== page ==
A list found at the time stated Stalin was about to kill off-

  1. Andrei Tupolev (?)
  2. Sergei Korolev (?)
  3. Lavrentiy Beria (?)
  4. Alexei Nikolayevich Kosygin (?)
  5. Artem Mikoyan (?)
  6. Pavel Sukhoi (?)
  7. Mikhail Iosifovich Gurevich (?)
  8. Nikolai Bulganin (thought he was a counter-revolutionary)
  9. Georgy Zhukov (Jealousy and fear over his personality cult with in the Soviet armed forces)
  10. Georgy Malenkov (thought he was a counter-revolutionary)
  11. Nikita Khrushchev (thought he was a counter-revolutionary)
  12. Leonid Brezhnev (thought he was a counter-revolutionary)

The aftermath

The devastated officer core and ill-equipped troops had difficulty in the 1939-1940 Winter War. Soviet numbers eventually made up for opposing Finnish wisdom.

Realising things were not working out, Stalin began to reform the political system as far as the armed forces were concerned. Political commissars were militarily degraded, traditional army ranks restored, 2 'political' medals scrapped and several 'real' medals for things like valour and tactics were restored in 1940 as a way of making the Red Army a true fighting force.

The American Congress established the Baltic Freedom Day in 1982, to be remembered every June 14 in the United States.

Gorbachev's purge of Kazakhstan

Gennady Kolbin (Russian: Геннадий Колбин; 1927 in Nizhny Tagil – 1998) was the First Secretary of the Central Committee of the Communist Party of Kazakh SSR from December 16, 1986 to June 22, 1989.

Kolbin had not worked in the Kazakh SSR prior to his appointment. He was appointed by Mikhail Gorbachev in an attempt to root out corruption in the Communist Party of the Kazakh SSR.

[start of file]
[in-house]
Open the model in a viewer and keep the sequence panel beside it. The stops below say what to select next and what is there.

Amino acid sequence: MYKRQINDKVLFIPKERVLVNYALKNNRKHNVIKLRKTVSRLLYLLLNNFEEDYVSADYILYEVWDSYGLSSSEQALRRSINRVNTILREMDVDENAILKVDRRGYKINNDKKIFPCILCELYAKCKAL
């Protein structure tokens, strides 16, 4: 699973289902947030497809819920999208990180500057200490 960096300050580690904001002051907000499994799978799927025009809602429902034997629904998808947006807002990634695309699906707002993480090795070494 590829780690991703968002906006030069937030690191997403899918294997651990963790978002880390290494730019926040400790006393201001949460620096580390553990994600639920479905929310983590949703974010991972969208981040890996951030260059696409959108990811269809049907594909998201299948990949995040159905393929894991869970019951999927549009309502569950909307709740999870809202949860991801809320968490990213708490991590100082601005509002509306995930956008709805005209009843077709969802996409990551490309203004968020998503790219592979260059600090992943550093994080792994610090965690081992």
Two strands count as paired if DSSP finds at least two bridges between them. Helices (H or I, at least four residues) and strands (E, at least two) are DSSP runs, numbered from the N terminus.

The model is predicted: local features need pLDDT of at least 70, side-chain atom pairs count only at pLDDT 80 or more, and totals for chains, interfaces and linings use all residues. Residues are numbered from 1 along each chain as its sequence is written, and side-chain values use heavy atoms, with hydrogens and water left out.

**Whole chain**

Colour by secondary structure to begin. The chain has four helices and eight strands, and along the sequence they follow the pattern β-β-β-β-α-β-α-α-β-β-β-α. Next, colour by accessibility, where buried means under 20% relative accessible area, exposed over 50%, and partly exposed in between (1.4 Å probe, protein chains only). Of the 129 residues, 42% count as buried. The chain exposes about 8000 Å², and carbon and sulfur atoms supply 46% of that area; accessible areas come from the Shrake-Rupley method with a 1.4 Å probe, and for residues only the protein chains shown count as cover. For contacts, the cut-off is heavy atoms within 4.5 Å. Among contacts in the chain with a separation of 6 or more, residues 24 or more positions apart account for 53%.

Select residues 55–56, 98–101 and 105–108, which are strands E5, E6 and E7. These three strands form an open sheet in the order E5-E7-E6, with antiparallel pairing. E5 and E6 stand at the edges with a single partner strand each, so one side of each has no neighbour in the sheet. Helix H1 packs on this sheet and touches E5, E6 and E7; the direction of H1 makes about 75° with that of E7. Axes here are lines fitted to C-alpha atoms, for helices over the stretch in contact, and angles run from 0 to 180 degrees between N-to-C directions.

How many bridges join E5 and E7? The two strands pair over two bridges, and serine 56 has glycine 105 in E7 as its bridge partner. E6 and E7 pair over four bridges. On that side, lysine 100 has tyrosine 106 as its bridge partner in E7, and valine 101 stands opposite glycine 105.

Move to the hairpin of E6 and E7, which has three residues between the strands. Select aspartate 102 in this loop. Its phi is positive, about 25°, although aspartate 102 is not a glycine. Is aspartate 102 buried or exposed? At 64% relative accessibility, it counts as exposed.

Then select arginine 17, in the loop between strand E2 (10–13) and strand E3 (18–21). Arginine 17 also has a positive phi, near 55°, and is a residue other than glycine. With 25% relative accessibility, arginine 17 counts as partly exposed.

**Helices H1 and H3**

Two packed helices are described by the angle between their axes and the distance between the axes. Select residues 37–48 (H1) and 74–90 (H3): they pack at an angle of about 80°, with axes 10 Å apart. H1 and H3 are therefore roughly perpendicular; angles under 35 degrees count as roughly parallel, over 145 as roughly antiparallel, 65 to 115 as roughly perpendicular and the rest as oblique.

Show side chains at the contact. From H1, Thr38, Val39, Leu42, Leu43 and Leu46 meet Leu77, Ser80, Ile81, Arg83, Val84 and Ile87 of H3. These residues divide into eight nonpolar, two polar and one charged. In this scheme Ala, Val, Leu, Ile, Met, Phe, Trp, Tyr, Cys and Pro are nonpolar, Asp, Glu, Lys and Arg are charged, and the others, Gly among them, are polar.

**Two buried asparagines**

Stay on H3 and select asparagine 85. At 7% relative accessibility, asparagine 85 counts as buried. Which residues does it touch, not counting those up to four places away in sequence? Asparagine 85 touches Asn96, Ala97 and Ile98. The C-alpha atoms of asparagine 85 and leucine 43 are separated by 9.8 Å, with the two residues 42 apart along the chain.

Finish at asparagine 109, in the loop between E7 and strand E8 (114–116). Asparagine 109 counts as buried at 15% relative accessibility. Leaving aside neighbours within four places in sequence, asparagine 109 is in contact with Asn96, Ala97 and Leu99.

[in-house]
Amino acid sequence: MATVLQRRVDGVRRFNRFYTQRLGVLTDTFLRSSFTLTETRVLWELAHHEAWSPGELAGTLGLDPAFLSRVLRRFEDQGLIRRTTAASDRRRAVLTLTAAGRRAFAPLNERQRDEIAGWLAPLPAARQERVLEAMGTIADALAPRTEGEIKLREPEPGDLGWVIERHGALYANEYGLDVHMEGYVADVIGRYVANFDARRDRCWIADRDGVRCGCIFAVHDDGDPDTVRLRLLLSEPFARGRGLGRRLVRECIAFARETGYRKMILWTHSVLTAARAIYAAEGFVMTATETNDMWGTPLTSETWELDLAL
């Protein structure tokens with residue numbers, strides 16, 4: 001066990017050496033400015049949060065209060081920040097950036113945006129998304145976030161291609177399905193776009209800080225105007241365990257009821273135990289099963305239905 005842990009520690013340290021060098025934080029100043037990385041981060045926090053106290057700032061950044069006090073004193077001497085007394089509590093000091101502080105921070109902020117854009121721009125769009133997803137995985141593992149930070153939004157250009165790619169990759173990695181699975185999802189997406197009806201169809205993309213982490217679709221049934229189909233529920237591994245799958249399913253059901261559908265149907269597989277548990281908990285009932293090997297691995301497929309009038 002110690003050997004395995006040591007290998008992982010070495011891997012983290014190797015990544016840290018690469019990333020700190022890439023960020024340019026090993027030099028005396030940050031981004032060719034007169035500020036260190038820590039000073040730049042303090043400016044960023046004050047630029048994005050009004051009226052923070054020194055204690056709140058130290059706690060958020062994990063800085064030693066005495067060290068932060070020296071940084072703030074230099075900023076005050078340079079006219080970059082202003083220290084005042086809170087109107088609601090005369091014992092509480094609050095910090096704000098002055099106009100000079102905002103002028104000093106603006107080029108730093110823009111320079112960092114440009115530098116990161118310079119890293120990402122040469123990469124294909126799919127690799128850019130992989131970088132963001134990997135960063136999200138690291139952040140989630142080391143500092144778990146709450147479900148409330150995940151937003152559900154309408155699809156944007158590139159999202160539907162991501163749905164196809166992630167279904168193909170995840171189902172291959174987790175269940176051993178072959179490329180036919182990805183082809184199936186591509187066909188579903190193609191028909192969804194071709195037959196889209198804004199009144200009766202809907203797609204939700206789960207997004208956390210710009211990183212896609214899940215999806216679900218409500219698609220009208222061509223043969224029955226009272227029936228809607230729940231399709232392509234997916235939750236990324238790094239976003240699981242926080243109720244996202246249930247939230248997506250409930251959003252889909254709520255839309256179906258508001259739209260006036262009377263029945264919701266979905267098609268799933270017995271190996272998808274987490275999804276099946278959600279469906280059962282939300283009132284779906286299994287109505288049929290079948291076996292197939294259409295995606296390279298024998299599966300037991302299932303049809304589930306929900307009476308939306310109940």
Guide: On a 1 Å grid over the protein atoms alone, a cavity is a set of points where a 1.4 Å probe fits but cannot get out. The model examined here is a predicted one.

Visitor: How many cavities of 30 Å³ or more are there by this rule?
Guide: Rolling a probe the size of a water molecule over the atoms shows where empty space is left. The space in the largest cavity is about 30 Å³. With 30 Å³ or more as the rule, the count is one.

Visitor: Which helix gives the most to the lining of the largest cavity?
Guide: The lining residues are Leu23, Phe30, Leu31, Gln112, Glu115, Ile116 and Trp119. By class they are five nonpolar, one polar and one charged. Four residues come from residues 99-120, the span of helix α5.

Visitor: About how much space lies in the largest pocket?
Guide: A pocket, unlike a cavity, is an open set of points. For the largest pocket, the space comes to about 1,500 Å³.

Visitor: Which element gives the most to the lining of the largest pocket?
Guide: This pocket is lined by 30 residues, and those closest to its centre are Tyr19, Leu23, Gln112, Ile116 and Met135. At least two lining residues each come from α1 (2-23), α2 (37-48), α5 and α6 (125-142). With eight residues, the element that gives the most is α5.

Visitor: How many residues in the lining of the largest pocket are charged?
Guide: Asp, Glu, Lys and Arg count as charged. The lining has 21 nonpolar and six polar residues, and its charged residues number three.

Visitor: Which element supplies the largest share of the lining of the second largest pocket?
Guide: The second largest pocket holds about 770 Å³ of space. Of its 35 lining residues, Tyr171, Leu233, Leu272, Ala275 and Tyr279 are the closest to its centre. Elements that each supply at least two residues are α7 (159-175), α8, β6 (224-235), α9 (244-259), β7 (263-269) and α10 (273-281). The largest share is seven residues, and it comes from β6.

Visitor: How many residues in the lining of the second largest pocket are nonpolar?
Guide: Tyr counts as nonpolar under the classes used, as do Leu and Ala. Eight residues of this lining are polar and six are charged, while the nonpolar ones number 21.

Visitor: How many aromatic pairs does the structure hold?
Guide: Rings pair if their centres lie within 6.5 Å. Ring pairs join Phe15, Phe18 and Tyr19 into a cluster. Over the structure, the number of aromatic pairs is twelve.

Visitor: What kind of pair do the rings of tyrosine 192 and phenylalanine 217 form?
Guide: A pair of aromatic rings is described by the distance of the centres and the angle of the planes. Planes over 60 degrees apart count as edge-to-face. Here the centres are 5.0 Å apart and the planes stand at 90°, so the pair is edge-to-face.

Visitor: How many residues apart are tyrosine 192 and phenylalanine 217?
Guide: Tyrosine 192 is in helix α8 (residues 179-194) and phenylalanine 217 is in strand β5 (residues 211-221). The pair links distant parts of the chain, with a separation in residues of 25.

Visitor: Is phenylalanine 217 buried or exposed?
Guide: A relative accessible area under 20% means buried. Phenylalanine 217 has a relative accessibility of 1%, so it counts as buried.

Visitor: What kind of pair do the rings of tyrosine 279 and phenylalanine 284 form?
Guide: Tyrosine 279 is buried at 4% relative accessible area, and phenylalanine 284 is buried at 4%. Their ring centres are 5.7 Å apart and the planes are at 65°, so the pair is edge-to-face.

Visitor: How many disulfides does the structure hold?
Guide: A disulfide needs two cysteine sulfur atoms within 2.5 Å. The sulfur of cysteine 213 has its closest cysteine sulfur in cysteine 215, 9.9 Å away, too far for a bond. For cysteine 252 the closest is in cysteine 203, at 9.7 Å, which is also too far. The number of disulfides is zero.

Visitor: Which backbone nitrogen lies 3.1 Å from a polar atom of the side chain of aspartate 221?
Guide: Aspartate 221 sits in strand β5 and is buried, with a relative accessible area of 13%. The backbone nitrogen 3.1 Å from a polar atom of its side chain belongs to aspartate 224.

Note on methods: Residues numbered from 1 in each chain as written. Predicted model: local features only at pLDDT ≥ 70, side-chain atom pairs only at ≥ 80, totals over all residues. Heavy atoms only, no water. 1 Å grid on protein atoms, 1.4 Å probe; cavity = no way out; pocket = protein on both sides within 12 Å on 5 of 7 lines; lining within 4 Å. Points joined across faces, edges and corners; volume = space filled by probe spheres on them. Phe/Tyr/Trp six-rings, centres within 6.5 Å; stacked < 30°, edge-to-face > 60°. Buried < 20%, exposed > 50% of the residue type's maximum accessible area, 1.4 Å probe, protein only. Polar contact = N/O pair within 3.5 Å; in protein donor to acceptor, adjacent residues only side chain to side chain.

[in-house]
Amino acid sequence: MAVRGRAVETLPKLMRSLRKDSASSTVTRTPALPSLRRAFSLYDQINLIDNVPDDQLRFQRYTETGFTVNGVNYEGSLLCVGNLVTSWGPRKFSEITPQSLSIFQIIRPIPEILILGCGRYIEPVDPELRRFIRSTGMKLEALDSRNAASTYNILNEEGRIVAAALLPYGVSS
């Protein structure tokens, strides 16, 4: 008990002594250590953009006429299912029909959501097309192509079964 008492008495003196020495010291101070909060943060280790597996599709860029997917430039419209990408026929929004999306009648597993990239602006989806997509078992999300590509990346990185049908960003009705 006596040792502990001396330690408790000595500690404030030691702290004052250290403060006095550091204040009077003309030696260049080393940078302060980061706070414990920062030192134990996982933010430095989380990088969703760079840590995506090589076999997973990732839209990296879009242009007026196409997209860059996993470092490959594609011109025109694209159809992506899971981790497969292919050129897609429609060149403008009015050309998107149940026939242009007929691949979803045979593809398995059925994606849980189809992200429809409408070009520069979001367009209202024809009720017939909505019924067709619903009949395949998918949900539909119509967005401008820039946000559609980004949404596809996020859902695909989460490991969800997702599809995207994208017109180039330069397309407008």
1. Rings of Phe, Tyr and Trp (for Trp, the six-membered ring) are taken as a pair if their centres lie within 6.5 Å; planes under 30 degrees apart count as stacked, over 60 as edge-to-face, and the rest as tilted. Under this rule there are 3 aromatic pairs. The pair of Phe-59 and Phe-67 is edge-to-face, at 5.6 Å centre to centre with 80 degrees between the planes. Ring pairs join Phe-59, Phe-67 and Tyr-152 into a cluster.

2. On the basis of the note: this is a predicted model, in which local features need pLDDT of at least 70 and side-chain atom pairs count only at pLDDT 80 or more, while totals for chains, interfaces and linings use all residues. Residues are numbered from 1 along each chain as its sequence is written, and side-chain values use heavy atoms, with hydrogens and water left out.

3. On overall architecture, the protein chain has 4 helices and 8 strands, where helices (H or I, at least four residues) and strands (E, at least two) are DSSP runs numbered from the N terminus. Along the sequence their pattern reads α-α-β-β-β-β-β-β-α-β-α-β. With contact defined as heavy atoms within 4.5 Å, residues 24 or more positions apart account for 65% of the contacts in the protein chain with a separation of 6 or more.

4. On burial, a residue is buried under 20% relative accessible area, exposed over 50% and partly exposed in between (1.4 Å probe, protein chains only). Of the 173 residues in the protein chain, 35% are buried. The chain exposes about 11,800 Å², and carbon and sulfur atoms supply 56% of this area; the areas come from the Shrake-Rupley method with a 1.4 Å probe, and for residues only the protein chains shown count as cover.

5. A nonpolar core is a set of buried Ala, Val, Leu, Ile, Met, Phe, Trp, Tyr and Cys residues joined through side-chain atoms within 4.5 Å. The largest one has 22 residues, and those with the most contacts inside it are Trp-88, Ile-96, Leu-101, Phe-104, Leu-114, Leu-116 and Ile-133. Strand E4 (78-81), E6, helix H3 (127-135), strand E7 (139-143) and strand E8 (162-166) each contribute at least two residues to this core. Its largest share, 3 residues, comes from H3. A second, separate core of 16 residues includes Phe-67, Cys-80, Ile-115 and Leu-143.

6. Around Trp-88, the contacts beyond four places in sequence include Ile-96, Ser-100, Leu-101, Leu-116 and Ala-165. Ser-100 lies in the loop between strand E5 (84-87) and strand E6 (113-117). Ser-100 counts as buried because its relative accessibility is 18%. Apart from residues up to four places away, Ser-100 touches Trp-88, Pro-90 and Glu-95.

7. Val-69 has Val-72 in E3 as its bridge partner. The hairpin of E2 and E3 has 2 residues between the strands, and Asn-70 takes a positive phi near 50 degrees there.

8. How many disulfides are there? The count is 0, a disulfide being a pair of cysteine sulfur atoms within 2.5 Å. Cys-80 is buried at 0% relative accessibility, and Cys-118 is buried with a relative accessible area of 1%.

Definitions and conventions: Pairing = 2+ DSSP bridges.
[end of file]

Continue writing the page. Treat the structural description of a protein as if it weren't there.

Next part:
As an outsider to Kazakhstan, he was not well received there. His appointment resulted in violent protests in the Kazakh capital Almaty and other cities, with several protesters killed and hundreds injured. This revolt is now known as "Jeltoqsan", the Kazakh for "December". It is reported that the outgoing first secretary, Dinmukhamed Kunayev, participated in organizing the protests, which involved 60,000 protesters.

In June 1989, Kolbin was replaced by Kazakh Nursultan Nazarbayev. Kolbin was then transferred to a position in Moscow.

Dinmukhamed (Dimash) Akhmetuly Konayev (Kazakh: Дінмұхаммед (Димаш) Ахметұлы Қонаев; Russian: Динмухаммед Ахмедович Кунаев; 12 January 1912 [O.S. 31 December 1911] – 22 August 1993) was a Kazakh Soviet communist politician.

Kunayev was an ardent supporter of the Virgin Lands campaign, which opened millions of hectares of lands in central Kazakhstan to agricultural development and caused a large influx of Russian immigrants into Kazakhstan.

During Kunayev's long rule, Kazakhs occupied prominent positions in the bureaucracy, economy and educational institutions. A Brezhnev loyalist, he was removed from office under pressure from Mikhail Gorbachev, who accused him of corruption.

On 16 December 1986 the Politburo replaced him with Gennady Kolbin, who had never lived in the Kazakh SSR before. This provoked street riots in Almaty, which were the first signs of ethnic strife during Gorbachev's tenure. In modern Kazakhstan, this revolt is called Jeltoqsan, meaning December in Kazakh.

Kunayev was awarded the Gold Star of Hero of Socialist Labour three times. He spent the last years of his life in charitable activity, establishing the 'Dinmukhamed Kunayev Foundation', one of whose purposes was the support of political reform in Kazakhstan. An institute and avenue in Almaty have been named after him as well as an avenue in down-town Astana.

Also see

  1. House Committee on Un-American Activities
  2. The Ashgabat earthquake of 1948
  3. Campaign to Suppress Counter-revolutionaries
  4. Slánský trial
  5. Collective farms
  6. Red Army racism and shortages!
  7. KGB
  8. Politically Communist and/or Socialist
  9. Stalinism
  10. Stalin's cult of personality
  11. Stalin Monument (Budapest)
  12. Threat construction